I often speak in Europe, particularly in Ireland and Italy. Since my topic is alcohol, drugs and addiction, I am extremely tuned into cultural differences along those lines.
So I can't help but notice that, late at night in Dublin, young men roam the city urinating in the streets. I have never seen anything like this in Rome. In Italy, people typically drink wine with meals at home and in restaurants. In Ireland, people rarely drink with meals at home. The standard locale for Irish drinking is the pub, where people consume beer and whiskey late into the night. Although pubs are often fun, they can get quite raucous.
The drinking age in Ireland is 18. In Italy, it is 16. Both of these figures seem alarming to many Americans. Some in Ireland share this feeling, and there is considerable pressure to raise the drinking age there to 21 (which would make it the only country in Europe to match the Americans in this regard). Despite the younger drinking age in Italy, there is virtually no sentiment within the country to raise the drinking age even as high as the current Irish age limit.
One reason Ireland may be experiencing more pressure in this area is the existing level of drunkenness among young people there. The European School Survey Project on Alcohol and Other Drugs (ESPAD) reports that, among Irish 15-to 16-year-olds, 47 percent have been drunk in the past year, 26 percent in the past month.
The comparable ESPAD figures for drunkenness among Italians teens are 27 percent (versus 47 percent) and 12 percent (versus 26 percent).
Why are young Italians so much less prone to get drunk? Recently, my friend and colleague Dr. Franca Beccaria published "Alcol e Generazioni" (Alcohol and Generations), comparing the introduction to drinking of young people in Italy versus northern cultures.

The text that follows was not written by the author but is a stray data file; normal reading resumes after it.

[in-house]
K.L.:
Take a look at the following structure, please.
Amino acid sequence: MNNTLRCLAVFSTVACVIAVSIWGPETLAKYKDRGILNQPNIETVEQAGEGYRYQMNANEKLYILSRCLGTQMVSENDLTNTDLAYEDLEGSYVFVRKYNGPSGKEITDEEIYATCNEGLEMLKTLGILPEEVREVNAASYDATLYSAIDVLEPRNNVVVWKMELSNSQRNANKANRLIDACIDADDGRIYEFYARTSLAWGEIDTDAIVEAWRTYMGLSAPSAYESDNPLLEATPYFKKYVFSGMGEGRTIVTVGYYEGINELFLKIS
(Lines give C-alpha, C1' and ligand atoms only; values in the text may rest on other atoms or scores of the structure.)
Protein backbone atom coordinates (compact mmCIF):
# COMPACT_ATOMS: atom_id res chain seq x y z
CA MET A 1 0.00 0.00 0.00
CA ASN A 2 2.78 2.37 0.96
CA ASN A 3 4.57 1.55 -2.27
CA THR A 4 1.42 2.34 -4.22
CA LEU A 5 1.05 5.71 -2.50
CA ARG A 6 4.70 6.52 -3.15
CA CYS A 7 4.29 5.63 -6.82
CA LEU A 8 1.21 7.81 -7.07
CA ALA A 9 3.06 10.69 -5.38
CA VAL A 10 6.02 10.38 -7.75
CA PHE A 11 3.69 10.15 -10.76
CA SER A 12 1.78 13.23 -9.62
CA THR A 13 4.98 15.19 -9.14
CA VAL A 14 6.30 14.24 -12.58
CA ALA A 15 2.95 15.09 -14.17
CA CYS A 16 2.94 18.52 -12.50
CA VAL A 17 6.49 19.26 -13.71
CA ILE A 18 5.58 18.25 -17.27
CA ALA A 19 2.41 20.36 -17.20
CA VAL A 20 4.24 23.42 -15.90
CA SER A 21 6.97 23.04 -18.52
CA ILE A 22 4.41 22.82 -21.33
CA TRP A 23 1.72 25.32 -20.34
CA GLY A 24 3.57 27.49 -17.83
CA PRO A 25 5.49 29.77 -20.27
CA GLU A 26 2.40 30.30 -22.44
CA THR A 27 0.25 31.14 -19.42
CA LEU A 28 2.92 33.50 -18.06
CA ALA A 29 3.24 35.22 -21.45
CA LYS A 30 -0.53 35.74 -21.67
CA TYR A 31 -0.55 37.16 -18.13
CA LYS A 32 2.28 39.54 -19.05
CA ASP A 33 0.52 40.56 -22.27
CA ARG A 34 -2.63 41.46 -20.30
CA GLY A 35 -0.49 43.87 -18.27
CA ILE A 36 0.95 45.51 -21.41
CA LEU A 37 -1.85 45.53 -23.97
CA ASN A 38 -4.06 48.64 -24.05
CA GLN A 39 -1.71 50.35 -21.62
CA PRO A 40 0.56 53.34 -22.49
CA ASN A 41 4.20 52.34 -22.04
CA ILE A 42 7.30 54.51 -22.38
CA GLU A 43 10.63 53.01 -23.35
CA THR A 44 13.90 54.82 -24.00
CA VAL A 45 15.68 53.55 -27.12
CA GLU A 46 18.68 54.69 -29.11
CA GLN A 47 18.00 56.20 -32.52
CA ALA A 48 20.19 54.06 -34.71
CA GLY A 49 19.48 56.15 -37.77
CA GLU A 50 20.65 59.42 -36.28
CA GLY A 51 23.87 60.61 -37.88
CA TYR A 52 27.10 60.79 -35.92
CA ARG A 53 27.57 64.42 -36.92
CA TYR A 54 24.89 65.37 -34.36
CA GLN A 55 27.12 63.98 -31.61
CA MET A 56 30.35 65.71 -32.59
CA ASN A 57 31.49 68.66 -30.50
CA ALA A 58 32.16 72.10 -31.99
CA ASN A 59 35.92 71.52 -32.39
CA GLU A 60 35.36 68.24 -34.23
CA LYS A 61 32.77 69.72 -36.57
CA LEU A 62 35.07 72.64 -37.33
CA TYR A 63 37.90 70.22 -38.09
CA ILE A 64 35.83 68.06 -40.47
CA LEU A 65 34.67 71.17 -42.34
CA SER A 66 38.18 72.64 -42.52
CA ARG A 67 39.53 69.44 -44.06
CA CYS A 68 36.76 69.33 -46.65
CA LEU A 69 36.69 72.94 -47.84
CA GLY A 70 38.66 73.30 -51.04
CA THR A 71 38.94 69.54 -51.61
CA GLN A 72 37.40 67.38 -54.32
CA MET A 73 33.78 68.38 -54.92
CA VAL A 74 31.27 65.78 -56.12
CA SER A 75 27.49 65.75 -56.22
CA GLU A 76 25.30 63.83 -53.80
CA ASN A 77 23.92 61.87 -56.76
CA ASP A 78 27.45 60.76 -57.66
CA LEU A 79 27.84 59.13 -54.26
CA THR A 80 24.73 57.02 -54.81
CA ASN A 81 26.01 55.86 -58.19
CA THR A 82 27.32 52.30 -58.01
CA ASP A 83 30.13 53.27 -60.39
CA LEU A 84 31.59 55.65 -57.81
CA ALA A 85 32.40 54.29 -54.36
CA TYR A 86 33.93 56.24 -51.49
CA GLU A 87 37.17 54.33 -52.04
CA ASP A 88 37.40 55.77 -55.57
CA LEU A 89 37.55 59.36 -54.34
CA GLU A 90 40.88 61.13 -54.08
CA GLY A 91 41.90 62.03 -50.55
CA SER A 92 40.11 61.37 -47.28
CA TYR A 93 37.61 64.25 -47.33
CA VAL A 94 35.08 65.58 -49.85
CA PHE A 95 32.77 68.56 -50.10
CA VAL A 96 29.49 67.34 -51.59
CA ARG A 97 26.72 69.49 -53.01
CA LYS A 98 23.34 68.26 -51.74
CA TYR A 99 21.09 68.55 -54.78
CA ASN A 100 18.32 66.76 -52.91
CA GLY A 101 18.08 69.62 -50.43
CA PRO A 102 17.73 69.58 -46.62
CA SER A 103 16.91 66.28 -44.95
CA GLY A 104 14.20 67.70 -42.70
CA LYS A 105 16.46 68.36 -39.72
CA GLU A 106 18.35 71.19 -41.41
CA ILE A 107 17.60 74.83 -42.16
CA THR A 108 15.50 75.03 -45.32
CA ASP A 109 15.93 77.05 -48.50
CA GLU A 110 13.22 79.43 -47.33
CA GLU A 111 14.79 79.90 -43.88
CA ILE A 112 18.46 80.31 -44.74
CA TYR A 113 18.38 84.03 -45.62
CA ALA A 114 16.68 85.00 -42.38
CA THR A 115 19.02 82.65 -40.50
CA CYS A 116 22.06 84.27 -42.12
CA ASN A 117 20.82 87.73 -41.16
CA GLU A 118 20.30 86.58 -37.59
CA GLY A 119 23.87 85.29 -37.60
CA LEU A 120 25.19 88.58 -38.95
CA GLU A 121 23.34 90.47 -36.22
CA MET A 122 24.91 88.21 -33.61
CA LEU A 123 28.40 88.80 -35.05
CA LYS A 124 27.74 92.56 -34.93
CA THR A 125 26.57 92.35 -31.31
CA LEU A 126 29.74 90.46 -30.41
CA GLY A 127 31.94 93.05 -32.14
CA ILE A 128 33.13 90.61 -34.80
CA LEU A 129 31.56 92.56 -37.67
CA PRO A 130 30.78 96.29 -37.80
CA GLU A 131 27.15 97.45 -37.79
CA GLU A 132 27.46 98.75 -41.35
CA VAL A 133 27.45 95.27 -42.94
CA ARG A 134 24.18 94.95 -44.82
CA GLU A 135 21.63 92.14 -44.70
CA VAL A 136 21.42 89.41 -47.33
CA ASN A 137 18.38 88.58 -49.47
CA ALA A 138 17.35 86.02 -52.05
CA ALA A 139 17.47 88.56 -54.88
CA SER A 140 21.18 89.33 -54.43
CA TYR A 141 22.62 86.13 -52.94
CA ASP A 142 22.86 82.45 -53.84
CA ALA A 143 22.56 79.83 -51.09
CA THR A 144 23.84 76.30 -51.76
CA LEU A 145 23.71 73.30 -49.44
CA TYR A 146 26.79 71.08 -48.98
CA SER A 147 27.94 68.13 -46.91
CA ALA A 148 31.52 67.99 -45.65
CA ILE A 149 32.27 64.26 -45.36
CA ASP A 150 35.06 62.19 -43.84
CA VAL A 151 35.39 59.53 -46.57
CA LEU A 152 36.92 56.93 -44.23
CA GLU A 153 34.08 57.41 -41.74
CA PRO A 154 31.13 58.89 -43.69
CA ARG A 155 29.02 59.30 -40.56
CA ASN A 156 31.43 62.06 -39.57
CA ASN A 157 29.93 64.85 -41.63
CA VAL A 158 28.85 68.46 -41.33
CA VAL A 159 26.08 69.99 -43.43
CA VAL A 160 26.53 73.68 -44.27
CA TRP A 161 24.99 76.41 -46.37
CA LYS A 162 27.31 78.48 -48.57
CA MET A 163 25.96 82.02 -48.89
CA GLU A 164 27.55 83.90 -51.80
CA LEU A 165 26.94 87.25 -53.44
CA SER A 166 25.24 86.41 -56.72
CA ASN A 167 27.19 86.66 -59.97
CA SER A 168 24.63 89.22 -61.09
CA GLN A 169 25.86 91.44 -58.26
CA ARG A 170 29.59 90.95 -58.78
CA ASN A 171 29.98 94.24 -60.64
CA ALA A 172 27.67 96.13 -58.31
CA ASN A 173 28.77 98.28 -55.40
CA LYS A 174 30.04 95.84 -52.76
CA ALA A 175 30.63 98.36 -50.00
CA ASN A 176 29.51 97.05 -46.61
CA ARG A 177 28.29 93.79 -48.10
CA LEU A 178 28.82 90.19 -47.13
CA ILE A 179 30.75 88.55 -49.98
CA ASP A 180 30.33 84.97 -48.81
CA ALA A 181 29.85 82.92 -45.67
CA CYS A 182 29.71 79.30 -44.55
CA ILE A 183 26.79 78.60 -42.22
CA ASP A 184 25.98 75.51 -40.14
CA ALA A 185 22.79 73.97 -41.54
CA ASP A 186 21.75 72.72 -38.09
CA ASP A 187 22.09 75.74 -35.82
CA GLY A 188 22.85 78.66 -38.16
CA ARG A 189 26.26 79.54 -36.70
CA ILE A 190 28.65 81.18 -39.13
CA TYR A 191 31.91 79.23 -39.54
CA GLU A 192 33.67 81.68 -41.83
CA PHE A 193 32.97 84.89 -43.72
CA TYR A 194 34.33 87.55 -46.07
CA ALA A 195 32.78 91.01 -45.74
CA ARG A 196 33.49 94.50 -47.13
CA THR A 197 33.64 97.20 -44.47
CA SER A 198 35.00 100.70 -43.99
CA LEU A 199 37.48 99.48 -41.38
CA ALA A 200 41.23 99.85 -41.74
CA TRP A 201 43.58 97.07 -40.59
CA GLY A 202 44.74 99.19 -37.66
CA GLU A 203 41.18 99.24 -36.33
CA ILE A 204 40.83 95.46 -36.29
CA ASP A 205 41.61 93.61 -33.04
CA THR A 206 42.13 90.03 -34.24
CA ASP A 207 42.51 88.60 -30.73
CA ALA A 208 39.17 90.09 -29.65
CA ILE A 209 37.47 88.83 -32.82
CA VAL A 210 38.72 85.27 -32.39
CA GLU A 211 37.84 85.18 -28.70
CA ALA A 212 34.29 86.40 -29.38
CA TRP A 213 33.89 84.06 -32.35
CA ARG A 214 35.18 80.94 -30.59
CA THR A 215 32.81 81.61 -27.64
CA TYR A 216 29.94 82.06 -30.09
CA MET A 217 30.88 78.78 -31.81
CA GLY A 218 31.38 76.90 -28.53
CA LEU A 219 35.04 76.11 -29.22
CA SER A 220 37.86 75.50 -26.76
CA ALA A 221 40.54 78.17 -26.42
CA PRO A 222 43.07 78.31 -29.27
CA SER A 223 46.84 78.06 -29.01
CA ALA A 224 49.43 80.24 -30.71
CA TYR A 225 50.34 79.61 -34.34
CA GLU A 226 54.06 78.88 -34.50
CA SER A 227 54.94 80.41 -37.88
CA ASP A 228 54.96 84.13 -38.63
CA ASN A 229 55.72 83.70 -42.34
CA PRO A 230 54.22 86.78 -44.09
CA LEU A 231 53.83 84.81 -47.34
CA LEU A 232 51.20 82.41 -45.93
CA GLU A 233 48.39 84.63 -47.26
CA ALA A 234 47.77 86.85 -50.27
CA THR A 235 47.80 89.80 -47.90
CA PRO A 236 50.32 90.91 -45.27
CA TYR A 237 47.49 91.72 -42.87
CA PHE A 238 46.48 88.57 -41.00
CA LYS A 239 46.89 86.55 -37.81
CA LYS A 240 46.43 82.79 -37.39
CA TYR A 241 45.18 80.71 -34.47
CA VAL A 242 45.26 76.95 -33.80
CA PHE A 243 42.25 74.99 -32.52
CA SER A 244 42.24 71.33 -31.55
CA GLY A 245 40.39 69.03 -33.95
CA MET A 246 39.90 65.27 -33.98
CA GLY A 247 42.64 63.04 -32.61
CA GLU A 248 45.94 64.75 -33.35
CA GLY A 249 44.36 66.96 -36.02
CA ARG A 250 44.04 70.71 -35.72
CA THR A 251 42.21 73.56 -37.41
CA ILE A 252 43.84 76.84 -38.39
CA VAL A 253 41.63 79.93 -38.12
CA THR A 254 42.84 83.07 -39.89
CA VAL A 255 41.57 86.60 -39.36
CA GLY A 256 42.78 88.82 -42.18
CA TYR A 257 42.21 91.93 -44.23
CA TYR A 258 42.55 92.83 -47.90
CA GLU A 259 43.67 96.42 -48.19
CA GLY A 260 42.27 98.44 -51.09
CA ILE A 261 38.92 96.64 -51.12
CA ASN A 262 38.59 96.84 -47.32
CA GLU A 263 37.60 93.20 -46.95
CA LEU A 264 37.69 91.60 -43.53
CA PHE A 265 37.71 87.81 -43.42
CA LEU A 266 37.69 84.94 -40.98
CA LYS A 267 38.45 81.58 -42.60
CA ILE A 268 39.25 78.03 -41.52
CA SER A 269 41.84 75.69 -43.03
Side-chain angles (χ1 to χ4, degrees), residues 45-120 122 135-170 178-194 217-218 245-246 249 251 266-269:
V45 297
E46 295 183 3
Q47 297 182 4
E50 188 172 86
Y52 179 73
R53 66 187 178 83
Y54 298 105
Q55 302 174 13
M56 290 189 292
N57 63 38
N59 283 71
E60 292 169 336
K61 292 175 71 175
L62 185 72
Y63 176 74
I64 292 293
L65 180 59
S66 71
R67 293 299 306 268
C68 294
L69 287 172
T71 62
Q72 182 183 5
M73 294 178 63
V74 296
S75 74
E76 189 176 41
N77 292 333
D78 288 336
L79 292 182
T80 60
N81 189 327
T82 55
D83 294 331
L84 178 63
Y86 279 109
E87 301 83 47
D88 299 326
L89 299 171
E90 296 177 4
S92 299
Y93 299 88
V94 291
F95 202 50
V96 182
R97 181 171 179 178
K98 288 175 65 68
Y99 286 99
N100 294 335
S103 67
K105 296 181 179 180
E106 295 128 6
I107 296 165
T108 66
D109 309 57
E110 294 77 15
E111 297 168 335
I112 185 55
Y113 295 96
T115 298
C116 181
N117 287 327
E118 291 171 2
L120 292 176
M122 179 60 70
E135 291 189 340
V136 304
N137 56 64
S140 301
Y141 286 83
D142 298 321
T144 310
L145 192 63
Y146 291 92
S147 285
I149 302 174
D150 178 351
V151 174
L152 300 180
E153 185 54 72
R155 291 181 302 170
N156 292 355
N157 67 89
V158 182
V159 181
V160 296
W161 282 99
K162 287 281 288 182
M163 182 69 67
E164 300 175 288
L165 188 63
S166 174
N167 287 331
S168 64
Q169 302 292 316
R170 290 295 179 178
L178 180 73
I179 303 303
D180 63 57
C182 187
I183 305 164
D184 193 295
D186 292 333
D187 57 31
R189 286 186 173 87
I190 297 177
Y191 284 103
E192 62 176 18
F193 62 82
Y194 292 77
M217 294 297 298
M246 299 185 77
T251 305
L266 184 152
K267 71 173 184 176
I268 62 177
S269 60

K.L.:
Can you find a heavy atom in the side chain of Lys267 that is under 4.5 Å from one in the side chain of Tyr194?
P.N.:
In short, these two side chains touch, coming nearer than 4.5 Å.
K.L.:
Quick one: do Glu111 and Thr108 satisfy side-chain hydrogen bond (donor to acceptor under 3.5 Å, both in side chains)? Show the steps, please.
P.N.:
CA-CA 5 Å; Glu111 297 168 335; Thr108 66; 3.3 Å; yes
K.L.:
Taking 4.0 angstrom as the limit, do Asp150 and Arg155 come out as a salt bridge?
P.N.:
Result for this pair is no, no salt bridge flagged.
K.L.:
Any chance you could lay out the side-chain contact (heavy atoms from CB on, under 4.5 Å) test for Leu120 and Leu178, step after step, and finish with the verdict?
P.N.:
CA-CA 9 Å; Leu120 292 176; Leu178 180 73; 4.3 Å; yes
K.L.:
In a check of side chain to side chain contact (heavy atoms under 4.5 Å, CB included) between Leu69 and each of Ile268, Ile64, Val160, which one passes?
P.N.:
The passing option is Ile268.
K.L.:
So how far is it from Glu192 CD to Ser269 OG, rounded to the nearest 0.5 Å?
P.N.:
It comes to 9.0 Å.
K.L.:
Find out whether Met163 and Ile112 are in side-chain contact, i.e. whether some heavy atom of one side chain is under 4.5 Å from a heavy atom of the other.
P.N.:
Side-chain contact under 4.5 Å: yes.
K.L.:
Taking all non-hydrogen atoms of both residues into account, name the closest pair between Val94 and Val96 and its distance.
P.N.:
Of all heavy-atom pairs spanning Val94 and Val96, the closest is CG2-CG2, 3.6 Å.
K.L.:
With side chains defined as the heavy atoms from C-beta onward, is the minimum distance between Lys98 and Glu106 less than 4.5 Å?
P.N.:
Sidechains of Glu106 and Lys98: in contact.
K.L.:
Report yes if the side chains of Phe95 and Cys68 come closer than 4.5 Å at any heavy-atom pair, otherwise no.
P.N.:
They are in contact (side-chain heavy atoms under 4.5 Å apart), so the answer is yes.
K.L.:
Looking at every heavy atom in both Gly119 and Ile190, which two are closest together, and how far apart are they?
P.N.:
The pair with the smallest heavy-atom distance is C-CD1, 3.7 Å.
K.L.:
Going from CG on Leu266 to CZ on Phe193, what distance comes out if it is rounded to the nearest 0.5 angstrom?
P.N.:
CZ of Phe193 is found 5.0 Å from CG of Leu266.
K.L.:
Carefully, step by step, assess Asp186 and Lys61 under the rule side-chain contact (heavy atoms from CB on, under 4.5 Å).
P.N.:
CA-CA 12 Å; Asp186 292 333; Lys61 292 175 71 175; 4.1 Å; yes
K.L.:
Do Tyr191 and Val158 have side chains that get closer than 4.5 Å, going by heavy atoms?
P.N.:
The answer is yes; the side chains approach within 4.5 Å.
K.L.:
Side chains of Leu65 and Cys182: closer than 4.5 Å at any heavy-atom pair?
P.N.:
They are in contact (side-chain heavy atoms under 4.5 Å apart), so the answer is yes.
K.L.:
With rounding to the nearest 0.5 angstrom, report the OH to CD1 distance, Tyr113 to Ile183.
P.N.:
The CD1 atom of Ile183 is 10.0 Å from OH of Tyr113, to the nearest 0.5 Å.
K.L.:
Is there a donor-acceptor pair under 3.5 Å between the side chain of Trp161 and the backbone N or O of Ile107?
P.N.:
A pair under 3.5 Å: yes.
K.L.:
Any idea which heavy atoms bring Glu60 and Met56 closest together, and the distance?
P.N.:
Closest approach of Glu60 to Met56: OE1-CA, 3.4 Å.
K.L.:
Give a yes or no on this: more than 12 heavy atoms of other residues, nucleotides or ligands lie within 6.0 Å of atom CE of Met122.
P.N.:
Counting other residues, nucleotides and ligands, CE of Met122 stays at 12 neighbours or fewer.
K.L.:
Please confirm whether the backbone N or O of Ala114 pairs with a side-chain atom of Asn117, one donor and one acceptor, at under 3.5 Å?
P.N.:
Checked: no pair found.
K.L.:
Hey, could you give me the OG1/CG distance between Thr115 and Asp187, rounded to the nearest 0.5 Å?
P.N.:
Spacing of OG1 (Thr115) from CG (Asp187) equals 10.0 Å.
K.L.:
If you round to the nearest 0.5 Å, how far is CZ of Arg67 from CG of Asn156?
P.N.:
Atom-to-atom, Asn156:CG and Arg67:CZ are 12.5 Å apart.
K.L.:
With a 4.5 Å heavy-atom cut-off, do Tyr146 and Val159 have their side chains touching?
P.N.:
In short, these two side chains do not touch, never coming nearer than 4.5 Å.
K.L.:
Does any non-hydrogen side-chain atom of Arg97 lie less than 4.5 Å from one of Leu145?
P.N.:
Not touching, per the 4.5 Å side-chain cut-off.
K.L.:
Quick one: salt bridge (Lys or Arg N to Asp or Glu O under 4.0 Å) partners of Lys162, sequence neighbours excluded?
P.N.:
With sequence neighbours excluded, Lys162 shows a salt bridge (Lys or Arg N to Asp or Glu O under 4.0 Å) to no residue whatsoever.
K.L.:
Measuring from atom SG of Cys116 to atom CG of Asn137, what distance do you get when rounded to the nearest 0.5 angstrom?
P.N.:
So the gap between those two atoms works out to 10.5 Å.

Youngsters in Italy have difficulty remembering when exactly they first tasted alcohol -- but generally they recall it was between ages seven and eight, when their families allowed them a small amount of wine mixed with water. The northern Europeans to whom Italian youth were compared in this study were Finns. Like the Irish, Finnish children are not introduced to alcohol at home. The Finns typically drank for the first time at age 15-16. They did so with peers, and usually became intoxicated.
Older Italians and Finns remember this initiation into drinking as adults. In fact, they often recreate it. For example, the European Comparative Alcohol Study (ECAS) found among Finnish men that 29 percent of drinking occasions involve binge drinking. This figure is 13 percent for Italian men.
Comparing Italian and Irish men's drinking, ECAS found a most startling discontinuity. That is, only 2 percent of Irish men drink daily -- compared with 42 percent of Italian men who do. But 48 percent of the Irish men report binge drinking at least one a week. And the Italian men? Eleven percent binge on a weekly basis.
So, just as the Irish worry more about youthful drinking and in fact have more drunken young people, they are more concerned about the impact of alcohol overall on their country and yet -- or should that be because -- have more binge-drinking adults. So regular drinking seems to counteract binge drinking!
Alcohol is such a funny drug; it begets such different images in different places -- and the images translate into reality.